If you think about it, you'll realize that the only reason why you would ever need to change a reference is if you plan to copy the formula. Figure 3-1 demonstrates why this is so. The formula in cell C3 is

A |
e |
C |
[> |
E |
G | ||||

1 |
Width | ||||||||

2 |
10 |
2.0 |
1.5 | ||||||

3 |
vo |
1J0 |
l.S |
3,0 |
l.S | ||||

4 |
5 □i |
1.5 |
1.5 |
23 |
3.0 |
j. a | |||

5 |
2.0 |
2.0 |
3.0 |
4.0 |
5.0 | ||||

i |
2.5 |
2.S |
3-3 |
3,0 |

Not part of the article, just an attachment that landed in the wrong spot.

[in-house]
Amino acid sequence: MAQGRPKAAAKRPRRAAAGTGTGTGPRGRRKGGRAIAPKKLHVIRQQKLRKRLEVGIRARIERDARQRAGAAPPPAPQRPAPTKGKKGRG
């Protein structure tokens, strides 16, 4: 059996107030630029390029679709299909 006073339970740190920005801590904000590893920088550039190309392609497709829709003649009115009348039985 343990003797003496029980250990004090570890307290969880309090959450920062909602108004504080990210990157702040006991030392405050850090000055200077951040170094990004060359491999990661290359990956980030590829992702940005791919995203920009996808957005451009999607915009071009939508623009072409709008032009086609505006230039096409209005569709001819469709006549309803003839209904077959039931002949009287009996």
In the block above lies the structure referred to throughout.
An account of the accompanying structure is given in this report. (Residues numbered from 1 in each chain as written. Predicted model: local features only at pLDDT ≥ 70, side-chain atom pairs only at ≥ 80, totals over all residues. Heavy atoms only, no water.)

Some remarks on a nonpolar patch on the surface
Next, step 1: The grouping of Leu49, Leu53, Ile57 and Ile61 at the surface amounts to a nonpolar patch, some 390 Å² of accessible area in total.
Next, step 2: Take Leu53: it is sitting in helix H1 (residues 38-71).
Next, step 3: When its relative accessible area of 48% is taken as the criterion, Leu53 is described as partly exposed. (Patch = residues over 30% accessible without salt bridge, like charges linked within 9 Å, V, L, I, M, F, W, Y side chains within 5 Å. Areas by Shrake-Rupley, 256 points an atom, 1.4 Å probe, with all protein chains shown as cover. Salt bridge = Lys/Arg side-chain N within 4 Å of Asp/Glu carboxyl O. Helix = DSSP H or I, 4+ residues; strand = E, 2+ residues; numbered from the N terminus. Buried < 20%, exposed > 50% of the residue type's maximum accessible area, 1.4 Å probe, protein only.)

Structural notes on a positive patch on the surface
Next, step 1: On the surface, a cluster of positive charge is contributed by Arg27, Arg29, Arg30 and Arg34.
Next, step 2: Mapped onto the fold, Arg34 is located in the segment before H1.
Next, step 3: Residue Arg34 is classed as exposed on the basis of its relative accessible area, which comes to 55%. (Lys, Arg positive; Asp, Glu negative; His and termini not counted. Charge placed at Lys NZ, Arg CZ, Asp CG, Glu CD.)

6.3 | ||||

7 |
3.0 |
J.O |
A.S |
6.0 |
7.5 | ||||

8 9 | |||||||||

u |
Shiit] |
i-.-.r* StlMitt j ¡4 [ |

Figure 3-1: An example of using nonrelative references in a formula.

Figure 3-1: An example of using nonrelative references in a formula.

This formula calculates the area for various lengths (listed in column B) and widths (listed in row 3). After the formula is entered, it can then be copied down to C7 and across to F7. Because the formula uses absolute references to row 2 and column B and relative references for other rows and columns, each copied formula produces the correct result. If the formula used only relative references, copying the formula would cause all the references to adjust and thus produce incorrect results.

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